The music tears through Buika with such violence you cannot wrestle your eyes away from her for fear of missing the last precious moment of beauty before catastrophe strikes. Continue reading Buika at Union Chapel (Live Review)
Modern British culture was shaped by three things – DJs, radio (especially pirate radio), and clubs. And record shops are the thread between all three. Sanjiv takes a break from his global tour of record shops for his upcoming book to sing their praises on their special day. Continue reading We Love Record Shop Day
From Nigeria, there’s the heavy, heavy sound of Afrobeat, delivered here by Seun Kuti, son of the incomparable Fela whose band Egypt 80 are now under the commanding leadership of Kuti Jr. If Afrobeat is a timeless music, so too is the soulful reggae of Toots & The Maytals. We’re delighted that the still-effusive ‘Toots’ Hibbert will be leading his charges through all those hits – Monkey Man, Funky Kingston, Pressure Drop, Do The Reggay… Continue reading WOMAD 2013 announces Seun Kuti and Toots & The Maytals to join the line-up
Check it out live
Starting with Gilberto Gil: Refazenda, Refavela and Realce from the 1970s as well as 1984’s Raca Humana and the 2002 live recording Kaya N’Gan Daya are bundled together in simple but pleasing cardboard sleeves. These five LPs are a mere drop in the ocean of this highly prolific musical force but they are a great place to start.
The Milton Nascimento five data mainly from the 1990s and while fine, miss out on such classics as Clube da Esquina or Milton but nevertheless contain many fine tunes and Elis Regina’s tragically short career is pretty comprehensively catalogued too.
Another Fela Kuti compilation, no, wait, this is worth a look. Coming in a 2 CD version and Deluxe version with DVD, this compilation pulls in what, in my opinion, are the very best tunes of his output. And teams it up with a rare live performance (his 1984 Glastonbury set).
Melt Yourself Down describes itself as “the sound of Cairo ’57, Cologne ’72, New York ’78, London 2013. A riot of colour and noise, they rip the heart from the remains of Acoustic Ladyland and deliver it to the party, still beating. Reanimated with intense, sweaty funk, uplifting horns and blistering Nubian drums, this tightly drilled unit return for their second ever show after selling out the Queen of Hoxton late 2012.”
Note: the show will now take place at The Shacklewell Arms, not the Sebright Arms as had been announced.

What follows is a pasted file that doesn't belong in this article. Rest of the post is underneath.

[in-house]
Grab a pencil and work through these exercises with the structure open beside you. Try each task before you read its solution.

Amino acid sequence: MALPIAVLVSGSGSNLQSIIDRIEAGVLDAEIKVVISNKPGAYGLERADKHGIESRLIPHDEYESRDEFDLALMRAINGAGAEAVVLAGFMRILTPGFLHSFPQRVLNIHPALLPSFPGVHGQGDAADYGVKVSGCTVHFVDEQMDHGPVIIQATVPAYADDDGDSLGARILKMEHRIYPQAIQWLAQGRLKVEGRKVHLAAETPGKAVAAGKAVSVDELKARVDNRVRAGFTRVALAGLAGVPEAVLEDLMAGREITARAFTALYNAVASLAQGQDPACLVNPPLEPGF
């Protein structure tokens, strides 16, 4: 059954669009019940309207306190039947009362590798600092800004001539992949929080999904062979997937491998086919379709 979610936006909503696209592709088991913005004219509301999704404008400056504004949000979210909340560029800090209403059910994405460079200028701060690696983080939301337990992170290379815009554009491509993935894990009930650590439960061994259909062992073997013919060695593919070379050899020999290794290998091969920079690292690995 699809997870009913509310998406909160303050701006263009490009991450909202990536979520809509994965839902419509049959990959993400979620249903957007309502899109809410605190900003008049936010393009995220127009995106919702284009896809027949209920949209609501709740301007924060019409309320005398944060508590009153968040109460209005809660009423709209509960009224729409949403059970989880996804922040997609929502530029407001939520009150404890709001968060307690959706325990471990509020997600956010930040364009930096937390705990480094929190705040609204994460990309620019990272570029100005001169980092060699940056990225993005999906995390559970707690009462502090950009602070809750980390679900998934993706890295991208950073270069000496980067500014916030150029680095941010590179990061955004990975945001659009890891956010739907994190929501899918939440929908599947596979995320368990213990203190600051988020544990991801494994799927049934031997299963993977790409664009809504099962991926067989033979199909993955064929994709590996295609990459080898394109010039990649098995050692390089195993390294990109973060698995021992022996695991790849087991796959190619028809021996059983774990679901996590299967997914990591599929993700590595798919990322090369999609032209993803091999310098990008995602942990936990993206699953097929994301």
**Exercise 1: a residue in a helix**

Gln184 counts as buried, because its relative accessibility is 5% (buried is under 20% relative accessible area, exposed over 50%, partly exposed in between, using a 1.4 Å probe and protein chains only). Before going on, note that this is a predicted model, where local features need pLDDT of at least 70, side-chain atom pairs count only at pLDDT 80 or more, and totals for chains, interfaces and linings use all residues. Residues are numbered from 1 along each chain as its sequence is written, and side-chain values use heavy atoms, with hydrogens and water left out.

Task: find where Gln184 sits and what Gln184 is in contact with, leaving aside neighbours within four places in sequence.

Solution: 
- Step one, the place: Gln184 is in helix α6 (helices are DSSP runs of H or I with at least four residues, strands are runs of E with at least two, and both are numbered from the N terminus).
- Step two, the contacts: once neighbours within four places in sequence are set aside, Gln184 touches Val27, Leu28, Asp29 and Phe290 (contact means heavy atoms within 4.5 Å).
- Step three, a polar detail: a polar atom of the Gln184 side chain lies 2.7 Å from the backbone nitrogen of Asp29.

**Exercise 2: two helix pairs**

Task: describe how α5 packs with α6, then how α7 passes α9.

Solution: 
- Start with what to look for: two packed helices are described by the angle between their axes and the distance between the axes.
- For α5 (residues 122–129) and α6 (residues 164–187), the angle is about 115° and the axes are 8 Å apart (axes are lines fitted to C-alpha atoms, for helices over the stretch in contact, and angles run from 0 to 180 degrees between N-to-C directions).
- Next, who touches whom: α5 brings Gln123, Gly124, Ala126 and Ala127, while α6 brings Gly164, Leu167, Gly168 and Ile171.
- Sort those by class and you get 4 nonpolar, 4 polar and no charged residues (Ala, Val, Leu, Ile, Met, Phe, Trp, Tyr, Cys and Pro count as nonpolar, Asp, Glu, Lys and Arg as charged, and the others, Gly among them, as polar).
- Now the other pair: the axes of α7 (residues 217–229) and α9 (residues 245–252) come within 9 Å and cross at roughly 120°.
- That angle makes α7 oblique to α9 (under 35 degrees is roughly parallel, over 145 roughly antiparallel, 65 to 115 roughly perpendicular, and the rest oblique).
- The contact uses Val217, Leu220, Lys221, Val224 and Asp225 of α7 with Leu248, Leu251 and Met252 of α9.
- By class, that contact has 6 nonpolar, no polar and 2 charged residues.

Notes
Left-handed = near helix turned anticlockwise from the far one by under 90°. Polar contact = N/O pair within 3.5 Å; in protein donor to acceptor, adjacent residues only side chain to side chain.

Another Sunday Afternoon At Dingwalls with Gilles Peterson & Patrick Forge
- Sunday 25th November 2012
- Camden Lock
- 12.30- 7pmish
- Early Arrivial recommended. No guaranteed Entry after 2pm
- Tickets £16
- Limited tickets on the door
- Advance Tickets from http://www.dingwalls.com/listings/
Reunions are becoming increasingly frequent, often with mixed results. For every success, such as The Specials, there is many a disappointment.
The Doug Carn and Jean Carne reunion gives hope of something special. Though Jean Carne recorded successfully in her own right for both Motown and Philadelphia International, it is their work as a duo (and then as husband and wife) which brings the most expectancy.
Their albums from the Seventies recorded for the renowned Black Jazz album hit a nerve with its mix of Coltrane type spirituality and earthy soul. The duo found an audience in the Eighties with the Jazz Dance/Acid Jazz crowd, who revelled in tracks like ‘Higher Ground’ , ‘Power and Glory’ and ‘Moon Dance’.
Over two sets Doug Carn and Jean Carne will include tracks from both their work as a duo and Jean Carne’s solo career. There is one Manchester date at Band in the Wall (20th June) and three London dates at Ronnie Scotts (21st-23rd June).
Look out for a full review from the Ronnie Scott’s show.
In its new production of La Bohème, South African company Isango Ensemble re-imagines Puccini’s Paris in Cape Town, and brings it to Hackney. Does it work? Continue reading Love, death and money. La Bohème / Abanxaxhi
Ronnie Scott’s 10th -11th July 2012 / £24 – £45 / Doors 6pm / www.ronniescotts.co.uk / 020 7439 0747
Only his voice can blend Niger and Mississippi river alluvia with such moving authenticity. His unique, inimitable, self-taught guitar technique owes a great deal to his kora influences, but its shades and phrasing also suggest the great black bluesmen of the deep American South: Blind Willie McTell, Robert Johnson, Muddy Waters and others.
On entering the intimacy of one of London’s premier jazz venues, Vortex, it was clear to me that this was going to be a cosy gig. The place was packed out and the 15 members of Belgium’s Flat Earth Society squeezed onto the stage, filling a quarter of the room. Continue reading Flat Earth Society – Vortex, London (Live)
Artists confirmed so far… Alaev Family (Tajikstan/Israel); Ane Brun (Norway); Boubacar Traore (Mali);Buena Vista Social Club (Cuba); Dizraeli and the Small Gods (UK); Grupo Fantasma (USA); Lo’Jo(France/Algeria); Joe Driscoll & Seckou Kouyate (USA/Guinea); Narasirato (Solomon Islands); Peatbog Faeries (UK); Raghu Dixit (India); Sensational Space Shifters (UK/USA/Gambia); Spiro (UK); Terem Quartet (Russia); Tokyo Ska Paradise Orchestra (Japan). Continue reading WOMAD 2012 – Line up announced: Buena Vista Social Club, Robert Plant and Boubacar Traore
In the hot glove of a sticky East African night, the last act of the annual Sauti za Busara festival takes place. ‘Local’ outfit FM Academia – with over twenty members in the band – are rocking the open-air venue (an old walled fort in the centre of Zanzibar Town) with their unique ‘muziki da dansa’ rumba style, when, suddenly, on stage come literally dozens of the festival’s crew. The now over-crowded hugely enthusiastic stage dances out the last number of the 2012 event. Mark Stewart reports… Continue reading Busara Festival to leave its Zanzibar home?